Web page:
Interfaces

Like classes, interfaces define properties, methods, and events of an object. Unlike classes, interfaces do not provide any implementation, and you cannot create an instance of an interface. A class can implement one or more interfaces.

Any class that implements an interface must implement all the members of the interface as they are defined. An interface should not change after it has been deployed in your solution, because any such change could possibly break existing code.

You declare interfaces using the Interface statement. For example, the code in Listing 3.11 defines an interface that must be implemented with a method that takes an Integer argument and returns an Integer. When you implement this interface in a class, the data type for the arguments and the return value of the method must match those of the method defined (in this case, Integer). You can implement this interface within a class by using the Implements keyword, as shown in Listing 3.11.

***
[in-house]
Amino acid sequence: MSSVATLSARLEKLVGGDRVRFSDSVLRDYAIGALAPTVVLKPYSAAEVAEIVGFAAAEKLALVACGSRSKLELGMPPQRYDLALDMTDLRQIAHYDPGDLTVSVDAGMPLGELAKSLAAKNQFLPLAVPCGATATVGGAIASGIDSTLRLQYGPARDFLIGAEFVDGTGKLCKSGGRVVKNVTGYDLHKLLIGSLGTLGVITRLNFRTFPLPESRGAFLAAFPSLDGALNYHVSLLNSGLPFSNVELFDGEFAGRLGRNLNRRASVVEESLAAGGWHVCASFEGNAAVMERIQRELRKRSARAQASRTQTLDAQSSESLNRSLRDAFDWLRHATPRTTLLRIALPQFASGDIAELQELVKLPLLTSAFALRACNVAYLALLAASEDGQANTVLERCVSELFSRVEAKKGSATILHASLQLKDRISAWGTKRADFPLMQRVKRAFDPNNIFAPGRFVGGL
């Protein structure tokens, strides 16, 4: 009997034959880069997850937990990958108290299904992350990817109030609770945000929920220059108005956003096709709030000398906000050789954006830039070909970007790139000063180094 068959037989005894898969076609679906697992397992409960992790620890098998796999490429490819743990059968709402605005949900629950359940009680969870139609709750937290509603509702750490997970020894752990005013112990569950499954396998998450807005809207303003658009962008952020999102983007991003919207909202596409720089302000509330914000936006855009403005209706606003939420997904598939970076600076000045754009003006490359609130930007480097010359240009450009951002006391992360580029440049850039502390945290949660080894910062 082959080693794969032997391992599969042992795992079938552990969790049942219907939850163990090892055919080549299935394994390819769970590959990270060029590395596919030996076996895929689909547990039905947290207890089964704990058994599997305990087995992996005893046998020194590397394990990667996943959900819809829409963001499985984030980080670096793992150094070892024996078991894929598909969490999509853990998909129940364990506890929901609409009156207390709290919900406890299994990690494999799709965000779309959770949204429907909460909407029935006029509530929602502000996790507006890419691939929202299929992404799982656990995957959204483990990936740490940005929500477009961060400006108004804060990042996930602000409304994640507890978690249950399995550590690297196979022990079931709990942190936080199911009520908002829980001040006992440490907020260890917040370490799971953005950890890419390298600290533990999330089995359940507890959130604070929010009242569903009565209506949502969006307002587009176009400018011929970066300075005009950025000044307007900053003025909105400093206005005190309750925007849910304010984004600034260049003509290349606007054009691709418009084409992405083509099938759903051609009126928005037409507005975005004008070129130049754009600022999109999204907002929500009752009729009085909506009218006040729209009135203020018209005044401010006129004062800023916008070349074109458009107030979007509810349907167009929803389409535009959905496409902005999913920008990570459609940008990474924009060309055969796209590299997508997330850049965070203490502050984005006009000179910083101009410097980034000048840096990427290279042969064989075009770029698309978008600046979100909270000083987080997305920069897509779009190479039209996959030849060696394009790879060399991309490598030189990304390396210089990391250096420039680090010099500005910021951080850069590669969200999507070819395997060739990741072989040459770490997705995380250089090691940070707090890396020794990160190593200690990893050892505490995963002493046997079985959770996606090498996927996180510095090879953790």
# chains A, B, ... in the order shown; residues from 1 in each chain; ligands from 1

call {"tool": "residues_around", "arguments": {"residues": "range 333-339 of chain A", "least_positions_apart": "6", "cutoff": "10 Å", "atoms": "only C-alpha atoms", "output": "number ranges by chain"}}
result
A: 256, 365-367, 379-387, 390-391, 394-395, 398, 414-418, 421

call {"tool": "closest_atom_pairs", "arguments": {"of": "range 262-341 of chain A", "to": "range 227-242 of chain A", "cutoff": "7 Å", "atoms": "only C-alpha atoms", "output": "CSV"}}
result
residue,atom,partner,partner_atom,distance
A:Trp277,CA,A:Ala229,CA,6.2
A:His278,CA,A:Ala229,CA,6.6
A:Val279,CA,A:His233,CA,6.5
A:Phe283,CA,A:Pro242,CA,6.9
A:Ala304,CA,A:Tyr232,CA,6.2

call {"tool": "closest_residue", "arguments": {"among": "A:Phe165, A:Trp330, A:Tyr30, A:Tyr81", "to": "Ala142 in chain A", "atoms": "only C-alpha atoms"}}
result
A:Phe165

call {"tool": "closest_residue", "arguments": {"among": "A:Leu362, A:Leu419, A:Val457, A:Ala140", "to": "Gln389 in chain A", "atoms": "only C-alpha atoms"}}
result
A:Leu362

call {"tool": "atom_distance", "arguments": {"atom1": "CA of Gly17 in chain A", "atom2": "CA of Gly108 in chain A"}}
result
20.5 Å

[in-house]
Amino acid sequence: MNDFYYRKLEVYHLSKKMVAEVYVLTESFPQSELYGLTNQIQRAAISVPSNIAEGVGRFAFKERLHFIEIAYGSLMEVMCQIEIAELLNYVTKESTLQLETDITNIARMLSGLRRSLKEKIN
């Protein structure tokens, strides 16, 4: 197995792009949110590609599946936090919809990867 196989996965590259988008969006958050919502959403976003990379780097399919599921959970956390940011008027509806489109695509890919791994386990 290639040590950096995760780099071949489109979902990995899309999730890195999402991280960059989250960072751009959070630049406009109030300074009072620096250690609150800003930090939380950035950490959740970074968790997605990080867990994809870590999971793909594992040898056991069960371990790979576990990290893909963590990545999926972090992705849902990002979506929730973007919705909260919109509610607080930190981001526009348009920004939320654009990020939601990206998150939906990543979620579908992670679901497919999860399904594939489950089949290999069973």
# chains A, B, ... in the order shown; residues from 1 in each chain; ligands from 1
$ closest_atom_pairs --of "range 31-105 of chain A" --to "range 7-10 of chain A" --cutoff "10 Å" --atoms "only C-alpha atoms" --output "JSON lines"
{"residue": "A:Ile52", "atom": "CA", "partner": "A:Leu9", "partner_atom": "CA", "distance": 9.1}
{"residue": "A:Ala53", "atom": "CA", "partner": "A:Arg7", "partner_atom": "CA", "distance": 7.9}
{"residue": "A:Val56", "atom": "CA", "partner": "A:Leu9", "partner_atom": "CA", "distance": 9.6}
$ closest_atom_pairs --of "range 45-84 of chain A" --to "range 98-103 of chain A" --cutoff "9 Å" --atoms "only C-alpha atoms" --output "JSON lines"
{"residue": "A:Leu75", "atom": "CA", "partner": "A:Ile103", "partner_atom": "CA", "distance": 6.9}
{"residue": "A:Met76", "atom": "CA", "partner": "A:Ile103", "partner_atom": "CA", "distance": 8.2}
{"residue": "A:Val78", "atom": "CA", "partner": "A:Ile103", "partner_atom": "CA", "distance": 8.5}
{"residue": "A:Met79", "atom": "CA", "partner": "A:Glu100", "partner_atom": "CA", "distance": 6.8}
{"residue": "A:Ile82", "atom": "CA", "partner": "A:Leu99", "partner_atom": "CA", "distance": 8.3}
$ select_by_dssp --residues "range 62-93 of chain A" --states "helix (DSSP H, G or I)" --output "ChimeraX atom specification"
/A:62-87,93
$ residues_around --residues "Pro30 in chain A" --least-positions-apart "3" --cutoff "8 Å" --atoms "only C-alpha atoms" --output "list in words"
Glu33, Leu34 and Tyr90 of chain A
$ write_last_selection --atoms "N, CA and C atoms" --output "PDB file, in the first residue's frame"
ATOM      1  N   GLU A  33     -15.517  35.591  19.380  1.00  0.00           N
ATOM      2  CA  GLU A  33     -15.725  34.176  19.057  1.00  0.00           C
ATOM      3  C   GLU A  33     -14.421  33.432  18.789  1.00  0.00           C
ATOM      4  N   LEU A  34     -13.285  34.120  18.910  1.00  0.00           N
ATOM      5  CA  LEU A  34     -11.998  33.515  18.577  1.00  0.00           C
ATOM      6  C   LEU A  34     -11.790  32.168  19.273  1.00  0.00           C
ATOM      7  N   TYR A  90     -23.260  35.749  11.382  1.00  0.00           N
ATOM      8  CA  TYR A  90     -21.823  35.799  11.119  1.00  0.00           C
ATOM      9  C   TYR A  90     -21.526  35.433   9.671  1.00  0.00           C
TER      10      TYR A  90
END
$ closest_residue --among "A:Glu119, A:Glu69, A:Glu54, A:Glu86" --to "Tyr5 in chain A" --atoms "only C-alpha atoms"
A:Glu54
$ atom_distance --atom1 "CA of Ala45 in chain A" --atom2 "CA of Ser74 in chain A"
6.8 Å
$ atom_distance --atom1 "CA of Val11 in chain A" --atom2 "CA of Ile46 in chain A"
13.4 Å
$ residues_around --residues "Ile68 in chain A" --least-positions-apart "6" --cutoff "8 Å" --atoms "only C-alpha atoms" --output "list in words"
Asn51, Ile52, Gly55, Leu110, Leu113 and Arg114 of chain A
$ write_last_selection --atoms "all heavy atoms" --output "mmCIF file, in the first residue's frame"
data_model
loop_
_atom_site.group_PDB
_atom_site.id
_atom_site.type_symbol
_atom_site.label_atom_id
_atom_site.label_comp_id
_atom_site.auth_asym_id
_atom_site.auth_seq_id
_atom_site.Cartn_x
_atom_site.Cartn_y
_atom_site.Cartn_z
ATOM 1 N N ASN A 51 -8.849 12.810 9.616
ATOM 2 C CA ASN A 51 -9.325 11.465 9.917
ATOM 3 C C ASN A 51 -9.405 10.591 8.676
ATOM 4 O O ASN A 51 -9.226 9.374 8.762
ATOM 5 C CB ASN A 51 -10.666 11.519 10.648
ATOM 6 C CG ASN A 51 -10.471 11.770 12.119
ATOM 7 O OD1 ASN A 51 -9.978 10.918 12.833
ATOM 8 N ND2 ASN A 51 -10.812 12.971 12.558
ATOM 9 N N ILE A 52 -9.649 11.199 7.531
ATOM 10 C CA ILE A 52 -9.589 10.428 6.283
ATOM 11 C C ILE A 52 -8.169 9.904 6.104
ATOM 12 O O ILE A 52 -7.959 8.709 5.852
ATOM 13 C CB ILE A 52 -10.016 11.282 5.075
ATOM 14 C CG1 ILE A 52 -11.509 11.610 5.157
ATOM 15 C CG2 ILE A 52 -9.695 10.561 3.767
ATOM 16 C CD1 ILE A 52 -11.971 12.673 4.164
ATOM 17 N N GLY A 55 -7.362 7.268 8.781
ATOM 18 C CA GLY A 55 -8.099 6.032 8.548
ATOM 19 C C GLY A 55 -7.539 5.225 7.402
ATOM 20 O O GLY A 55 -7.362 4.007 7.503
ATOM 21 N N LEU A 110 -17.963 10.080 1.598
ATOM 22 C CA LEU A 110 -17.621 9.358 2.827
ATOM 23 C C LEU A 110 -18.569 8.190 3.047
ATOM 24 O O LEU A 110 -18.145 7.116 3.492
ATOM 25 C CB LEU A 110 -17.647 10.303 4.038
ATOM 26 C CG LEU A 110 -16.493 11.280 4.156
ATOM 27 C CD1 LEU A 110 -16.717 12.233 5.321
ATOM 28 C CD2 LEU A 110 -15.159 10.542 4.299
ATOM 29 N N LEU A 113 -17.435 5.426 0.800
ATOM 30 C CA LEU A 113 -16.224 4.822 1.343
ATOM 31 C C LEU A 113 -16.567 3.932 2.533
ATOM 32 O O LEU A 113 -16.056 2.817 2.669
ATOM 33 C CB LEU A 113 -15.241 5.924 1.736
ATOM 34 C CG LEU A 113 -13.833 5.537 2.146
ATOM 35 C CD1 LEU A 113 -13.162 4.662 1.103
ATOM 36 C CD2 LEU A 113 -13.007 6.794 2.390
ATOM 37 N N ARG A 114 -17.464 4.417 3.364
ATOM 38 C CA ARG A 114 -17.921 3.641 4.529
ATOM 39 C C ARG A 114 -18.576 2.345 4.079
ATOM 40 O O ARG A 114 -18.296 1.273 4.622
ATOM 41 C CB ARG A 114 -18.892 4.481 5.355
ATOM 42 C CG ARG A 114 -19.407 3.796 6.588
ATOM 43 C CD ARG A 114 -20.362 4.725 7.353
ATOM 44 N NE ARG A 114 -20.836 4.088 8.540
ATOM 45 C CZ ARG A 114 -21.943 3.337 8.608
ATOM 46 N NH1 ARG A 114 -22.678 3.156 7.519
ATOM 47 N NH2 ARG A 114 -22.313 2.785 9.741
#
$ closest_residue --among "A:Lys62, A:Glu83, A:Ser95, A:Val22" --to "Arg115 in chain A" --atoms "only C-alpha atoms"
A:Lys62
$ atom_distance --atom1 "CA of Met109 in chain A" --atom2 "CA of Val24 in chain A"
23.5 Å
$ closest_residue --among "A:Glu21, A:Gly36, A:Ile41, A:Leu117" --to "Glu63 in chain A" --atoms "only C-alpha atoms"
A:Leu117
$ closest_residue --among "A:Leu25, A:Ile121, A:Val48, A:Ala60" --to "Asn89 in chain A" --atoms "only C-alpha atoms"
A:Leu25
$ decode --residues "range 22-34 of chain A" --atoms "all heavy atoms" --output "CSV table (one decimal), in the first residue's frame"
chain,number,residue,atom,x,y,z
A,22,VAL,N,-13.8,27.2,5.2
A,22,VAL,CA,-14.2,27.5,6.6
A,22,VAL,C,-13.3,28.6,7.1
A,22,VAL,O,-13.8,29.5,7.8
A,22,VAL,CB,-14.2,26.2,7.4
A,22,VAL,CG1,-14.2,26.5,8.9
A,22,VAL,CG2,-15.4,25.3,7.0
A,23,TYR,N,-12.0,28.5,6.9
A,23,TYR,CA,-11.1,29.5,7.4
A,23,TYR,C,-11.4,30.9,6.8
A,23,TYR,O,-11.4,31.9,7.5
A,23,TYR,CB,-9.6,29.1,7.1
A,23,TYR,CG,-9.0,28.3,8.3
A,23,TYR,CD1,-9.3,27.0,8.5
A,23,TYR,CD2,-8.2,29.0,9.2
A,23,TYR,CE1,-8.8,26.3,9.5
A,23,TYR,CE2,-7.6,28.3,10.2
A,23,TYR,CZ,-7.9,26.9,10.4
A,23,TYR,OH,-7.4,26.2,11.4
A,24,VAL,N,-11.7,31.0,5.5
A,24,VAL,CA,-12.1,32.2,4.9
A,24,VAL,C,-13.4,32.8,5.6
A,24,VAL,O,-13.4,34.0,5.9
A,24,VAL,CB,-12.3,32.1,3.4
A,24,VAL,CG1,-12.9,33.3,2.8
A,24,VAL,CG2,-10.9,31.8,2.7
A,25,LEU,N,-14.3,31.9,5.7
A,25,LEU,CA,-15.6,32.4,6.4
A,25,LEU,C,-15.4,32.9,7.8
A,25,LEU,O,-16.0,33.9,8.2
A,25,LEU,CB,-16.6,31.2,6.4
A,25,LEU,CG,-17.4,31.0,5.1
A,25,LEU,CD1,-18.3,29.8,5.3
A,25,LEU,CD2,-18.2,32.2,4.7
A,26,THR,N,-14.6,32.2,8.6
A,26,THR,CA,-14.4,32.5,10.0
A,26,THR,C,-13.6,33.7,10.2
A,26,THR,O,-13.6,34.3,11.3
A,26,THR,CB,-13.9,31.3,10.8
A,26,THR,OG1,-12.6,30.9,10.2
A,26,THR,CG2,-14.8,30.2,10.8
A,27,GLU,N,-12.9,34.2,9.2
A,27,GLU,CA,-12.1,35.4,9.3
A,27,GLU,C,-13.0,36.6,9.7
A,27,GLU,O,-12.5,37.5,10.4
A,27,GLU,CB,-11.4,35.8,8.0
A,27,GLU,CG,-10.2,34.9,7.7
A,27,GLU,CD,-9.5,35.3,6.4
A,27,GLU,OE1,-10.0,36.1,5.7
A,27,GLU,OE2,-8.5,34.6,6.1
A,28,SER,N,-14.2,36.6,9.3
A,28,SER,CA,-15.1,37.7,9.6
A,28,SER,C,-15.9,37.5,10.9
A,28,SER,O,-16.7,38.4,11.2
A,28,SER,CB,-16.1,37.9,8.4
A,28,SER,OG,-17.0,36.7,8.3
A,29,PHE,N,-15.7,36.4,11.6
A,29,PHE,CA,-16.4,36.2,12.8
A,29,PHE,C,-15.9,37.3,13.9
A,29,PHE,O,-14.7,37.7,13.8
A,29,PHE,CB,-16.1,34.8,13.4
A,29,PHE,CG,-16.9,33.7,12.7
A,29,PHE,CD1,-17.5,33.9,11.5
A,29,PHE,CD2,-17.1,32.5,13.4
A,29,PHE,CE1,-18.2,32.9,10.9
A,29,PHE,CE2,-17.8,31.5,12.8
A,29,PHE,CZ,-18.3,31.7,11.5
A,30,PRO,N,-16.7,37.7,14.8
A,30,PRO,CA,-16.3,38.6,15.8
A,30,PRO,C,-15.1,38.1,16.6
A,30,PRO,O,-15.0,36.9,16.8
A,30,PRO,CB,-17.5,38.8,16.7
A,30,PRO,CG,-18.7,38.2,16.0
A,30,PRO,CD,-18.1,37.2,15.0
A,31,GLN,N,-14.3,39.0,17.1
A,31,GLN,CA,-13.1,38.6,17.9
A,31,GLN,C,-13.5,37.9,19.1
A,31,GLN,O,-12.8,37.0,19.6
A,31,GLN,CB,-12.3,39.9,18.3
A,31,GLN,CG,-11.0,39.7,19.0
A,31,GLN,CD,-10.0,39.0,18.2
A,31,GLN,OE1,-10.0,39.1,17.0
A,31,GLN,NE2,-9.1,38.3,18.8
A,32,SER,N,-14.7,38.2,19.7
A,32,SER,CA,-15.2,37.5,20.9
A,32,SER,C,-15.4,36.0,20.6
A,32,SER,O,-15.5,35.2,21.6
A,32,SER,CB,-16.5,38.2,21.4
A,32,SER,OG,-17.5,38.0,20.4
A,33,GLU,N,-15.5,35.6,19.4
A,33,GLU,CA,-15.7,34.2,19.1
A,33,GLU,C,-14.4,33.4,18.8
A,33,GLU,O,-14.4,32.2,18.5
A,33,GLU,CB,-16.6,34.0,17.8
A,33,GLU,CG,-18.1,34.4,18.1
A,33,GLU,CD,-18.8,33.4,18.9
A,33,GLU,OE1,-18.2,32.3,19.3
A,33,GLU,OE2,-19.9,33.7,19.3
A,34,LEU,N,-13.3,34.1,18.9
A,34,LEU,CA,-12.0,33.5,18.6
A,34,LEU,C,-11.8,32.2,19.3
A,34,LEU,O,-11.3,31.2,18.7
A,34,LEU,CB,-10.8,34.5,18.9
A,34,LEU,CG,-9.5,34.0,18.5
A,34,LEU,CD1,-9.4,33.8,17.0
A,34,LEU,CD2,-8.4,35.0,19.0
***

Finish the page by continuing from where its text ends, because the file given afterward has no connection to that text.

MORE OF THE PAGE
Listing 3.11. Creating and implementing an interface

Public Interface ISampleInterface

Function SampleFunction(ByVal Count As Integer) As Integer End Interface

Public Class SampleClass

Implements ISampleInterface

Function SampleFunction(ByVal Count As Integer) As Integer _ Implements ISampleInterface.SampleFunction

' Add code to perform the function here. End Function

End Class

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